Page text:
Use your information intelligently and use it to improve your business, your organisation or government services. If you are unsure of how to go about it, just as you would get a financial advisor, get a data consultant in. I would also implore people to do the same with money. Do not just let it sit there and watch the pile grow. Do something with it, otherwise it’s no use to anyone.
*Llewellyn le Hané is the owner of Green Enterprise Solutions (Pty) Ltd.
To be profitable in a highly competitive market and with the recession that is already in the eighth quarter, must not be overlooked. Managing Director (MD) at Pupkewitz Motors, Ekkerd van Wyk, who joined Pupkewitz in 2011 as the motor division’s Operations Manager, is very positive and innovative in all that he does within the company. When he first joined the company, he worked with Mr. Junior Bruwer and later took over from him as Managing Director of Pupkewitz Motors in 2014.
It worries van Wyk that the motor industry is not on every young job seeker’s shortlist. The motor industry does not only comprise out of mechanics and sales consultants, but is such a wide spectrum with numerous job opportunities that should be marketed and introduced to the public. “I would love to see schools introduce the automotive industry as a vital career opportunity such as logistics, marketing, information technology, computer based management programs and auditing, just to mention a few.” He adds “I will keep on inviting young Namibians into the motor industry and will keep on training them to become stewards of the trade.”
“We have various trainee programs in place. The Mechanical Traineeship is the most well-known trainee program that we have, where we train young individuals to become qualified mechanics. We also have the Administrative Traineeship, which focuses on financial management and accounting. The third traineeship, and one that I adore the most, is the Sales Traineeship that we offer. This program involves the training of young individuals as sales persons and marketers,” he says.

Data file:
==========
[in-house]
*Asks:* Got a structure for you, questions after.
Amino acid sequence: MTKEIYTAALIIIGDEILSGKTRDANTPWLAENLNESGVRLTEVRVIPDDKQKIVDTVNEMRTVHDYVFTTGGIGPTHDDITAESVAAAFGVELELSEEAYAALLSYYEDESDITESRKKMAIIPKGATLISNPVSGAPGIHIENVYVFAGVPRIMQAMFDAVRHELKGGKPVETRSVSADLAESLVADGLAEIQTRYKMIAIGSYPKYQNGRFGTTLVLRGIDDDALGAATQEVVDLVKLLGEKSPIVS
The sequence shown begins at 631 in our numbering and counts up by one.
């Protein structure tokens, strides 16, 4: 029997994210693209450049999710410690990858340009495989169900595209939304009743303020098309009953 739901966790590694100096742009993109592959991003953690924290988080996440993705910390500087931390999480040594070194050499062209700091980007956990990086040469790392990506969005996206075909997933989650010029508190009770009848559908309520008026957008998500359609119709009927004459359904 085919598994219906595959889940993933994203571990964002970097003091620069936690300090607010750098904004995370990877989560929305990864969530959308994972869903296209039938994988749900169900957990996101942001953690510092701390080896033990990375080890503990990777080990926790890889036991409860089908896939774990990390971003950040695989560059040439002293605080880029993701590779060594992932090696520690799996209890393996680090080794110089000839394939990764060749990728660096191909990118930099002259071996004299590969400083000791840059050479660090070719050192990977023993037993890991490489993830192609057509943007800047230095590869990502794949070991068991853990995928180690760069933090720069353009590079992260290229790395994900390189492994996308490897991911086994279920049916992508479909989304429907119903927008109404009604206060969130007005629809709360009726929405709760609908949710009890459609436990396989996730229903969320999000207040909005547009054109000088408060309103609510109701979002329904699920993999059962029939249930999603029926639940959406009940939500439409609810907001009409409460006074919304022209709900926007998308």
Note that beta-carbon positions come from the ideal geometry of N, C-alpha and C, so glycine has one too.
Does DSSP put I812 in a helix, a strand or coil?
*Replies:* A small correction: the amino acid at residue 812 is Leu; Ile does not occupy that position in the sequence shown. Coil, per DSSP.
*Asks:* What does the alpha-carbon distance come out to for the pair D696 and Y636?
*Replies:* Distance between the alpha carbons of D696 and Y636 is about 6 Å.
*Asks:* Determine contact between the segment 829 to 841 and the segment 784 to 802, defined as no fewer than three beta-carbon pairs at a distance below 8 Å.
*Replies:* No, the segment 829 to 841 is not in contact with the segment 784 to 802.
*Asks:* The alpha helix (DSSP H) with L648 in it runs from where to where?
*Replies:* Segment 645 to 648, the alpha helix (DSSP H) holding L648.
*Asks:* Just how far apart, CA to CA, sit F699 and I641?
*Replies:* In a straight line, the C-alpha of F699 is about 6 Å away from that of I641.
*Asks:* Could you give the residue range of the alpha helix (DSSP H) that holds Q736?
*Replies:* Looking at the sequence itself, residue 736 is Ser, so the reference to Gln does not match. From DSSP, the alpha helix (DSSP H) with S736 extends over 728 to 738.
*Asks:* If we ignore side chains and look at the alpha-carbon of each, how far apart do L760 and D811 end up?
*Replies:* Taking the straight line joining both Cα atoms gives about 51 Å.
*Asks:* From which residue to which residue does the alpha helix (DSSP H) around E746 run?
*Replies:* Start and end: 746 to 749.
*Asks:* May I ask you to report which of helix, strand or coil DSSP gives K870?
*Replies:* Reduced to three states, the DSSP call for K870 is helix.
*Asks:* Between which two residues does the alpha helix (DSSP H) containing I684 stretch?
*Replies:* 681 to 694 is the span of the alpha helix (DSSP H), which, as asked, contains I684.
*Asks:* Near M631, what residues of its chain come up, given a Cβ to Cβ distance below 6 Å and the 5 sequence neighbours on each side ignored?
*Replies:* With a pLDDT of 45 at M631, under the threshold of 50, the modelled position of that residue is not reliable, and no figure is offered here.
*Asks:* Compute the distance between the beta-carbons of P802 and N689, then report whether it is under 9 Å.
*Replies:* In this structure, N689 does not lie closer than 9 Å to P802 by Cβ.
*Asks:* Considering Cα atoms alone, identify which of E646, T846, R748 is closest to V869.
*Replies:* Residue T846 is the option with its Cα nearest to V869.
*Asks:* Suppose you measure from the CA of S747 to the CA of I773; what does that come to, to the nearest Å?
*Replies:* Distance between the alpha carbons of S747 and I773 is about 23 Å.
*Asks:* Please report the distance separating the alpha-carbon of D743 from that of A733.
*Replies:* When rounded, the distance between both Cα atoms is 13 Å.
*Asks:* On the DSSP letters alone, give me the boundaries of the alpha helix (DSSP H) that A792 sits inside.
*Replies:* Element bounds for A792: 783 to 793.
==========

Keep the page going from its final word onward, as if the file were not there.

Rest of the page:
He further says that the programs are three months long where they train them, lucratively compensate them and if they succeed, the company employs them permanently as a junior, offering the opportunity for them to start building their career with Pupkewitz Motors. “We focus on young talent, if possible with a tertiary qualification, but if the trainee does not have this qualification, we give them the opportunity to obtain a qualification with our support,” he continues.
One of his many highlights is being part of the team that increased the market share of Pupkewitz Motors from 21 percent in 2011 to the current 35 percent.
“The fact that we could solve the shortage of technical personnel by giving on-the-job training and offering training opportunities to our current staff, is one of my greatest highlights,” he says.
“I must remind myself on a daily basis not only to focus on the big things that we are busy with, but to attend to the smaller details as well,” Ekkerd van Wyk, Managing Director at Pupkewitz Motors.
Van Wyk, who is both a father and grandfather, says he dedicates his career success to his family, “My values are very important to me and I believe it is crucial to remember where you have started. I believe others value my work ethic, my enthusiasm and positive attitude. It may also be that my ability to listen to others and my contributions towards the team drive others to achieve the mutual goal.”
He tries to push himself to be innovative on a daily basis, “I encourage my colleagues to refrain from stagnating and to go be creative beyond the day-to-day activities,” he says.
· Born 1959 in Gobabis
· Van Wyk matriculated in 1977, Outjo
· He completed his apprenticeship as a motor mechanic and received a diploma in Mechanical Engineering in 1985.
· He obtained his qualifications in Commerce from The University of Stellenbosch in 1989
· In 1994 he joined the Barry Group of Companies as Dealer Principal of Jaffes Ford in Worcester.
· 1999 he moved to Novel Motor Company in Stellenbosch
· 2003 moved to Novel Motor Company in Windhoek.
“Now with the Namibia Statistics Agency statistics we have seen 70% of (agricultural) land belongs to white farmers. Now think if half of those farms are nationalised in some way or another or expropriated with just compensation, as the president promised… then you can have 4 000 families resettled on those farms,” he told Namibian Sun this week.